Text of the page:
Steamworld Dig is a game in which you play a clanky, ramshackle steam-driven robot that has to clamber down into a seemingly worthless mine shaft and retrieve the scraps of minerals there that are worth anything in pursuit of answers for the question of what happened to my Uncle, and why did he give me this mine? It’s all framed with this lovely pastiche of steampunk and cowboy aesthetics. You’ll meet robot saloon maids, robot general store clerks, and a robot prospector, while you swing your pickaxe through the dirt.
There is a simplicity to Steamworld Dig. The game is a series of linear narrative choke points. It’s possible to wind up in some failure states that make progress through the game unpleasant and awkward.
The controls are a little bit clunky, too, shown best with the steam punch you collect in the mid game. You can shoot it at 45-degree angles, but the game’s controls are such that when you try and fail to do it, it can feel like maybe you’re not meant to. There’s also the way some sections in the middle can go more or less completely wrong when you fall between people throwing explosives. Also, the upgrades you save up for and buy are honestly a little bit dull – you get a little bit more of whatever it was you already had, repeatedly.
It’s a little interesting; to unlock new abilities, you explore, but to expand the abilities you already have, you have to retrieve guff from the earth and come back with it. This means that you delve into the earth, fill your pockets, then return to the surface, building up funds to afford new, bigger, better things, things that made it easier and faster. It’s not a system I’m sure works for me, but it certainly works for the game. Plus there’s a lovely irony to an upgrade system whose primary purpose is just to fuel itself.
There’s your basic lot, really; a linear dive from up to down, with a story to tie it together and an incentive to sort around for bits and pieces of value along the way.
I think if I had to compare Steamworld Dig to any other game I’ve played this year it’d be Ittle Dew. Once upon a time, a game like Steamworld Dig wouldn’t be remarkable at all – and as a small-team development, it’s a marvellous little piece of design.
Everything in this game feels nice and fluid, even though the mining is done on a big grid. The combat’s a little loose, the puzzles feel just faintly like you might have messed up rather than solved something. This looseness carries through to the major plot points, too – it’s hard to reach points in the game where you can’t proceed or have broken things in a way where you need to die and head back to the surface.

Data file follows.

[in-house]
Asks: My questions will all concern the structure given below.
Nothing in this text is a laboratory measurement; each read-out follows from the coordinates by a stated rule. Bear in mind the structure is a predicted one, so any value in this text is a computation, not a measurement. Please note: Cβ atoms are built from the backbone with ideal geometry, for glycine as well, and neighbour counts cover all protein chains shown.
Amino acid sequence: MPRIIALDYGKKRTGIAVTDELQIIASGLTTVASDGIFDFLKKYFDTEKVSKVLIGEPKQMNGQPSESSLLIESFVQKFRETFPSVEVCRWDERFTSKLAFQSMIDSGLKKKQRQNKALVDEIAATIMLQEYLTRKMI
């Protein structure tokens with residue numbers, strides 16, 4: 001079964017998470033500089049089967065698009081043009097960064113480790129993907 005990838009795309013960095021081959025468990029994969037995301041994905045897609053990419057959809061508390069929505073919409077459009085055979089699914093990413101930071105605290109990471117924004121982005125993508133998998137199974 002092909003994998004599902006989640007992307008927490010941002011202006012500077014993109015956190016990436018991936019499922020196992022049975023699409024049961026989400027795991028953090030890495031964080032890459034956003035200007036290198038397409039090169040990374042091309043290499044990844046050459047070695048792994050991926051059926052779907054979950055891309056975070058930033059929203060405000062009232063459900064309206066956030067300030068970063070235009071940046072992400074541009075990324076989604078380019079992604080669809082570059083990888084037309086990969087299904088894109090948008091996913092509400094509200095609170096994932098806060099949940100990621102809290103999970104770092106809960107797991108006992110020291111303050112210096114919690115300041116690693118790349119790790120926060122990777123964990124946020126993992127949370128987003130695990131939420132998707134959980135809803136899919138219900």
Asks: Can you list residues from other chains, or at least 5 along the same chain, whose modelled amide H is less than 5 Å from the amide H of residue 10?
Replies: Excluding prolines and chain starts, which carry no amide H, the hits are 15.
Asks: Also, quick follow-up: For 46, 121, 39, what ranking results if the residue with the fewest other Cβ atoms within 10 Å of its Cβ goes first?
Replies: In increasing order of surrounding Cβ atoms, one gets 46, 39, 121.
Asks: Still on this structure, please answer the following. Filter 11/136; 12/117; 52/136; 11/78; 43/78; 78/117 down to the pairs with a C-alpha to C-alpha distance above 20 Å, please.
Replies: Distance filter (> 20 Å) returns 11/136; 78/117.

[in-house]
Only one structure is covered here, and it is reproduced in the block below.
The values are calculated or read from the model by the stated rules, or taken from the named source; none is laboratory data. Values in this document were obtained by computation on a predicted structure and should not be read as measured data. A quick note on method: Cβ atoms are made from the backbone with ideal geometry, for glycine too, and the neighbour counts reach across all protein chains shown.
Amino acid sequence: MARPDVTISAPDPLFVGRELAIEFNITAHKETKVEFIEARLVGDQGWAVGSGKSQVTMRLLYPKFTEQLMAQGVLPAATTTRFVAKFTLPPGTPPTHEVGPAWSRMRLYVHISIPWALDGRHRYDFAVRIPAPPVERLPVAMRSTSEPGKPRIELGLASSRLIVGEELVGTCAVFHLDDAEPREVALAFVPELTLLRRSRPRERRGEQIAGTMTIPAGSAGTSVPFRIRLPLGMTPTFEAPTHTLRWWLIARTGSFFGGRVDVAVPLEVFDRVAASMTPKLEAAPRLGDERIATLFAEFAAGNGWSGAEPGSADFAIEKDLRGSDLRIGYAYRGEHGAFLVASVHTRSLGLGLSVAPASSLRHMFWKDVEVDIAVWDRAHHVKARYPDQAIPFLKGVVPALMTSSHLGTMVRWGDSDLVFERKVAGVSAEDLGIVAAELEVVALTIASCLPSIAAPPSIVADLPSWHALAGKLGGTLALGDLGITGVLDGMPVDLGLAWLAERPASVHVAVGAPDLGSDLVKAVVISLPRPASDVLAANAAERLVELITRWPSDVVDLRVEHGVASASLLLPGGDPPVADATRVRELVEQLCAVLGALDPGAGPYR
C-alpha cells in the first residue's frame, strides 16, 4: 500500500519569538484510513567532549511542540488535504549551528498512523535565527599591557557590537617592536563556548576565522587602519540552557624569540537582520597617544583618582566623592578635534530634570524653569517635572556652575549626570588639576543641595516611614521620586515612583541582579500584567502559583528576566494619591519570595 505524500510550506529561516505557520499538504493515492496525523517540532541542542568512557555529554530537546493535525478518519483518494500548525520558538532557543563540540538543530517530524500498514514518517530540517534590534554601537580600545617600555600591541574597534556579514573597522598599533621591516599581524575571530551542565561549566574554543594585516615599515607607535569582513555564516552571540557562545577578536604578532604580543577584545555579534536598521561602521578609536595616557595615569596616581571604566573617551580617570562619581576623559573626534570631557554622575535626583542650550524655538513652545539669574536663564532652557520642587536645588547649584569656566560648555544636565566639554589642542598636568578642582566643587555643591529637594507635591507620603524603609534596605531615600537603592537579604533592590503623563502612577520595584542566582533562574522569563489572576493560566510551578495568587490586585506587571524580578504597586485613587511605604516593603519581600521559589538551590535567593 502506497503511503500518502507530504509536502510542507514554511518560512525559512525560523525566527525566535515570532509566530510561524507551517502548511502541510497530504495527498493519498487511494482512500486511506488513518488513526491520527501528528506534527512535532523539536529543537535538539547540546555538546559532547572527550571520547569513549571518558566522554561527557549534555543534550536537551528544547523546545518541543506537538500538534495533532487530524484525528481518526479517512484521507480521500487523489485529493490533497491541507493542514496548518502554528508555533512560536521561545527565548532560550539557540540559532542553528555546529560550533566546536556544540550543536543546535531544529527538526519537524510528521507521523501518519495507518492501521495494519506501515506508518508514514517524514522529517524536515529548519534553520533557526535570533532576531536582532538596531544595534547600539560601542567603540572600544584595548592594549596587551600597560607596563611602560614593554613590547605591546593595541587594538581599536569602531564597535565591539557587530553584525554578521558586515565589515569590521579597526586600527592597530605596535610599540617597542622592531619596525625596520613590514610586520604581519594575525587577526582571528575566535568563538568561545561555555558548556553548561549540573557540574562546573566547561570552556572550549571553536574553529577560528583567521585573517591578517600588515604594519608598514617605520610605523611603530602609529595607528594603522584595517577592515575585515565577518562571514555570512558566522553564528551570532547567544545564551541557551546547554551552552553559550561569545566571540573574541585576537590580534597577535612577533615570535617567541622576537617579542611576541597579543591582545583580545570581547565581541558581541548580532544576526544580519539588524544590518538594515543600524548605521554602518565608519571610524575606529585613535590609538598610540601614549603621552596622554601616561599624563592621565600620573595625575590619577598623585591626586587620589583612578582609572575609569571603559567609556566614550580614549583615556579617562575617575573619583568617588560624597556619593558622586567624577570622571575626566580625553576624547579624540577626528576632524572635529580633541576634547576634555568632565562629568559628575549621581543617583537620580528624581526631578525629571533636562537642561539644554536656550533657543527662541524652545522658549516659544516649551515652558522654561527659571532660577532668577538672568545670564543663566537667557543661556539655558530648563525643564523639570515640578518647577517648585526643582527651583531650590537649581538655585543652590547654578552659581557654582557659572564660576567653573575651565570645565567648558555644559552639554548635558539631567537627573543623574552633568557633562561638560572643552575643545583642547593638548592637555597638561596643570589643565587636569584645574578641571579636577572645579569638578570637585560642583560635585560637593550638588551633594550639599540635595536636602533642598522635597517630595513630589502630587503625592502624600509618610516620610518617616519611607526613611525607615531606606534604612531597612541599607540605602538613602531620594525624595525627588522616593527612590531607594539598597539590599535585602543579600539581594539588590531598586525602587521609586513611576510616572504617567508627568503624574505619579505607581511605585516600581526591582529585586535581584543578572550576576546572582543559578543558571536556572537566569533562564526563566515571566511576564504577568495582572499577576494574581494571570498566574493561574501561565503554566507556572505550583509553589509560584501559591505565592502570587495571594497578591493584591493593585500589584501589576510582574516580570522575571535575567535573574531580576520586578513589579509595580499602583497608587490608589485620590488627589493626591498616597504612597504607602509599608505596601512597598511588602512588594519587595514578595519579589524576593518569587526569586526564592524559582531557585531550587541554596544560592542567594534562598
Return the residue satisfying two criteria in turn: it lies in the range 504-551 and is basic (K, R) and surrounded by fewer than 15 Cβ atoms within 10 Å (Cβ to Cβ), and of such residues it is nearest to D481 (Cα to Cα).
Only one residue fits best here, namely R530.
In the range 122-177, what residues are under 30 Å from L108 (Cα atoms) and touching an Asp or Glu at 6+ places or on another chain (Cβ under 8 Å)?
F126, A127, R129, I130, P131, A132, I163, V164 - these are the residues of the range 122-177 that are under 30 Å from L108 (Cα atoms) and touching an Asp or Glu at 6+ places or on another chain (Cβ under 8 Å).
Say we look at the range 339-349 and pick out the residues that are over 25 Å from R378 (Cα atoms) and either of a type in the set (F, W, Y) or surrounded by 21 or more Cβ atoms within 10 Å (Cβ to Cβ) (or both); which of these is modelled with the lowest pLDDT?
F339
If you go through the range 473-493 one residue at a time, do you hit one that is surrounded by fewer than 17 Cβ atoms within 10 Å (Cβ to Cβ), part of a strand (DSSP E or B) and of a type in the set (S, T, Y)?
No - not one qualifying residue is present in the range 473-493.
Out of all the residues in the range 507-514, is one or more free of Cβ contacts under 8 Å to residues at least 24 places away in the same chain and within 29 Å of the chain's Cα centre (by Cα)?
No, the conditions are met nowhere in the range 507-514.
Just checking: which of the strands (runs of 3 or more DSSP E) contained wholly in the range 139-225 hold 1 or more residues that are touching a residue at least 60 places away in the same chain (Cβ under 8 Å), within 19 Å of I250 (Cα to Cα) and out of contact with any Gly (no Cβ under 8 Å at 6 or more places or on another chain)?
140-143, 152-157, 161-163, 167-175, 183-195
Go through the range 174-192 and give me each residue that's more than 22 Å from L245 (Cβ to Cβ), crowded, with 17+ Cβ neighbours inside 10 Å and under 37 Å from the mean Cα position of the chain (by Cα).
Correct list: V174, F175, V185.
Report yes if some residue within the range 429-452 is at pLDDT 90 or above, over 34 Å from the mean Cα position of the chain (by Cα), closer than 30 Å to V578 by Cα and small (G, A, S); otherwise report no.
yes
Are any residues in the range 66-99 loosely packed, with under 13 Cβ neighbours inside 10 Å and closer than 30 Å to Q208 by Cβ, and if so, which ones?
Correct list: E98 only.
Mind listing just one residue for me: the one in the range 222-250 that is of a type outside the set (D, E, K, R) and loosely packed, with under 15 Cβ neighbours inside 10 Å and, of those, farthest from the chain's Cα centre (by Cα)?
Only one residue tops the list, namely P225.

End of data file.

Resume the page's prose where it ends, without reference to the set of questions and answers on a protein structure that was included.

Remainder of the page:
What this speaks to is a remarkably clever design, where the game presents a space you can explore in your own way, but which is very subtly designed as a funnel, constantly guiding you downwards. You can move to some degree, you can avoid or accept some power-ups – but the game very cleverly keeps you on track, keeps you playing in its own way.
This is a wonderful game to examine for its conveyance. Very rarely does the game send you anywhere; it usually presents you a pathway and lets you take your own time following it. You wind up where the game wants you to go, and very, very rarely does the game have to make you go there.
Really, while Steamworld Dig is a very clever game, it’s almost charming in how simple it truly is. This is a game which isn’t trying to make some grand point about the human condition or allow for procedural content generation or feature an epic grind or anything like that. It’s just a videogame that wants to be a fun experience for a little bit, and it does that with some very slick, very nicely designed mechanics that work from the top to the very, very bottom.
And sometimes you just want a videogame.
You can get Steamworld Dig on a host of services, all linked conveniently on Image and Form’s website.
Buy it if:
- You want an explorer game.
- You just want a videogame, with running and jumping and digging.
Avoid it if:
- You want something with a lot of replayability.
- You want a videogame with a lot of expression.